They’re college students; they’re not supposed to be concerned with the effects of their actions

Anthony Dick, at NRO, discusses the University of California tuition hike protests, which is being led by students which he refers to as “Whiney Brats.” 

First and foremost, the protests are about privileged kids demanding subsidies from working people. The UC system will continue to be heavily subsidized by taxpayers, and the students who attend are among the most naturally gifted, with the highest future earning potential, in the country. This is especially true at the system’s flagship schools of Berkeley and UCLA, where the protests have been most intense. Narcissism and self-absorption are the norm on college campuses, but it really is pushing the limits to throw such a tantrum at the idea that you will be getting a smaller amount of free money taken out of the paychecks of strapped taxpayers, most of whom could never dream of the advantages and opportunities you enjoy.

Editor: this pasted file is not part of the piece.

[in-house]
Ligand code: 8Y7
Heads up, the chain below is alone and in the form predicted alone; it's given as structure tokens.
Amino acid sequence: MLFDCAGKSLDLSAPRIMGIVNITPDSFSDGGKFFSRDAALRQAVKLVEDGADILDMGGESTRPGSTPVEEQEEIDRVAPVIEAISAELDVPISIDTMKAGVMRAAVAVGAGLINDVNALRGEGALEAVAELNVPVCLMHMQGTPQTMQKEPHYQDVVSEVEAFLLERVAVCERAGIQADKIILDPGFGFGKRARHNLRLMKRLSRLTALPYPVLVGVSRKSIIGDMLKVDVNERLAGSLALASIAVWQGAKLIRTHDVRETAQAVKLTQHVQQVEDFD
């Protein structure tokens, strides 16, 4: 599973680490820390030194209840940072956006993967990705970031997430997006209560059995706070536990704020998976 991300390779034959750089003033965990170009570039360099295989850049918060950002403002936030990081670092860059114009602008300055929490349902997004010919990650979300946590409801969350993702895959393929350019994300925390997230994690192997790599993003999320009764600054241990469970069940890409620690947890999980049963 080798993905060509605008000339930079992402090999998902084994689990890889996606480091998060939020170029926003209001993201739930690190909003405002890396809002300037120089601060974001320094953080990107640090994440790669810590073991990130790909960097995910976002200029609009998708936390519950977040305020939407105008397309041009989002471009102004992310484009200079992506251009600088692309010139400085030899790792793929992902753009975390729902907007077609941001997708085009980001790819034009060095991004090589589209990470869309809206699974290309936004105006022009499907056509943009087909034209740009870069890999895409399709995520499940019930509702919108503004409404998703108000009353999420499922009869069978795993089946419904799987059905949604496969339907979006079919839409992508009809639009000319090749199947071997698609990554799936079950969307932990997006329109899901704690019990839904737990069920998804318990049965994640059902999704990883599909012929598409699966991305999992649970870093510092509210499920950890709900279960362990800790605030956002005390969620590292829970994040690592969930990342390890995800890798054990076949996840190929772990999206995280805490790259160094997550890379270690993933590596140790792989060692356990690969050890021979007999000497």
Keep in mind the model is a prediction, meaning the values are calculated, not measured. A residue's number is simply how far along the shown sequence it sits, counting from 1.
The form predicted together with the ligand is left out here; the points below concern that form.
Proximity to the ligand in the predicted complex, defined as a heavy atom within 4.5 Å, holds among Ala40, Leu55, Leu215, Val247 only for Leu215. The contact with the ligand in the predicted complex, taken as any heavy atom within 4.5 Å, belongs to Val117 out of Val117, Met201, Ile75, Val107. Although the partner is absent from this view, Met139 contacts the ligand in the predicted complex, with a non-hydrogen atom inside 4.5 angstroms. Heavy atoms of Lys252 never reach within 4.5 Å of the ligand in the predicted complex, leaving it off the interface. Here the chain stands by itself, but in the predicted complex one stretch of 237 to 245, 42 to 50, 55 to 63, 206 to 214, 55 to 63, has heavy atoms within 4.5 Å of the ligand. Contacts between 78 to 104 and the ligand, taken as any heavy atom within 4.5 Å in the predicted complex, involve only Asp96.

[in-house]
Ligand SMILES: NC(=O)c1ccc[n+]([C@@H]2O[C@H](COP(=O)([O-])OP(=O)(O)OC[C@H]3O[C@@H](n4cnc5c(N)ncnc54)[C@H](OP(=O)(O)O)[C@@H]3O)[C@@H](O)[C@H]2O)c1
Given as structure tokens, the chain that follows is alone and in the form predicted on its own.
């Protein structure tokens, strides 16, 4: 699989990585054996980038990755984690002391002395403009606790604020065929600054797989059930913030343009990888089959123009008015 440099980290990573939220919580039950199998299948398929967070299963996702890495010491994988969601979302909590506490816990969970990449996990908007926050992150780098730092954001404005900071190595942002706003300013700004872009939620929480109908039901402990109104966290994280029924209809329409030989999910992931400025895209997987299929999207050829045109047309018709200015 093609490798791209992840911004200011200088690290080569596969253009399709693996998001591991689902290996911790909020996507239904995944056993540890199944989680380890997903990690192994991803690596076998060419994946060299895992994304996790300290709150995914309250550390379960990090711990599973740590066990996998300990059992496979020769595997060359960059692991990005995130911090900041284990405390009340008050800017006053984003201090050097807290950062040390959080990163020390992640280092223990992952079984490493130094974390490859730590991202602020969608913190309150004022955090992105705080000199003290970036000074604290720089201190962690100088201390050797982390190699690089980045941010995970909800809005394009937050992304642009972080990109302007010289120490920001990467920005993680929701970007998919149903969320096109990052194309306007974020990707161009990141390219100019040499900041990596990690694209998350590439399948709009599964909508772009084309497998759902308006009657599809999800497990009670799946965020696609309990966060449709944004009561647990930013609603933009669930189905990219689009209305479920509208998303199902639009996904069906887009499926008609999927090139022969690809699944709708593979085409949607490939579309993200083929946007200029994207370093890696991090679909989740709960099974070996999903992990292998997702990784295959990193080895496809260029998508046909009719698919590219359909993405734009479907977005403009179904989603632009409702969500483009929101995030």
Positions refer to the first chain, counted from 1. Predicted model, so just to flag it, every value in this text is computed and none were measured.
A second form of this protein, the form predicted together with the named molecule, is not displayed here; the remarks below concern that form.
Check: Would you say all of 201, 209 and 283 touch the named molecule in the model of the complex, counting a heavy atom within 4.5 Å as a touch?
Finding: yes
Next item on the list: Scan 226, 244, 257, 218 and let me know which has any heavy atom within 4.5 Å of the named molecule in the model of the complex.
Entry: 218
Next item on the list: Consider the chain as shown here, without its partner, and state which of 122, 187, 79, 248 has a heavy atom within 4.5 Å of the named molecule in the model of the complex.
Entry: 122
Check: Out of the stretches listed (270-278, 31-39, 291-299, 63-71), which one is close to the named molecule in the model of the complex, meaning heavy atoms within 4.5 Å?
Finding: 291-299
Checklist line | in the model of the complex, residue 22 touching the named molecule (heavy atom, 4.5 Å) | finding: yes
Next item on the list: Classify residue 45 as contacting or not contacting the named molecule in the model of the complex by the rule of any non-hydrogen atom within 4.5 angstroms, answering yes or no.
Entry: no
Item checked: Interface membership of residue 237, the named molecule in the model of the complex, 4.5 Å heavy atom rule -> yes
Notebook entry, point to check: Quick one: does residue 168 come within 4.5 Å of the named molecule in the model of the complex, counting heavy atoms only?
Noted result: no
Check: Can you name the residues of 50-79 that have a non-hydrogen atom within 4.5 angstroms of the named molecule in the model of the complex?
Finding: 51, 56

Second, these protesters claim the mantle of the free-speech movement, but it is a betrayal and a subversion of the principles of free speech to forcibly occupy a school building and block out its rightful owners and occupants (including other tuition-paying students). The very idea of free speech is to facilitate the peaceful exchange of ideas, without allowing the use or threat of force to distort the process. The whole enterprise suffers when thugs begin breaking out the chains and barricades and committing property crimes in order to get their way.  

As I recall, virtually everything about college was about not accepting the reality of the effects of actions.  Government money was supposed to be spent without limits; it’s origin was not to be questioned.  Policies should never benefit the rich in any way; never mind that rich people create jobs.  Christianity bad, Muslim good; just disregard the towers that fell so dramatically during my junior year.  And so on, and so on.

Why does Mr. Dick expect these students to think any differently?

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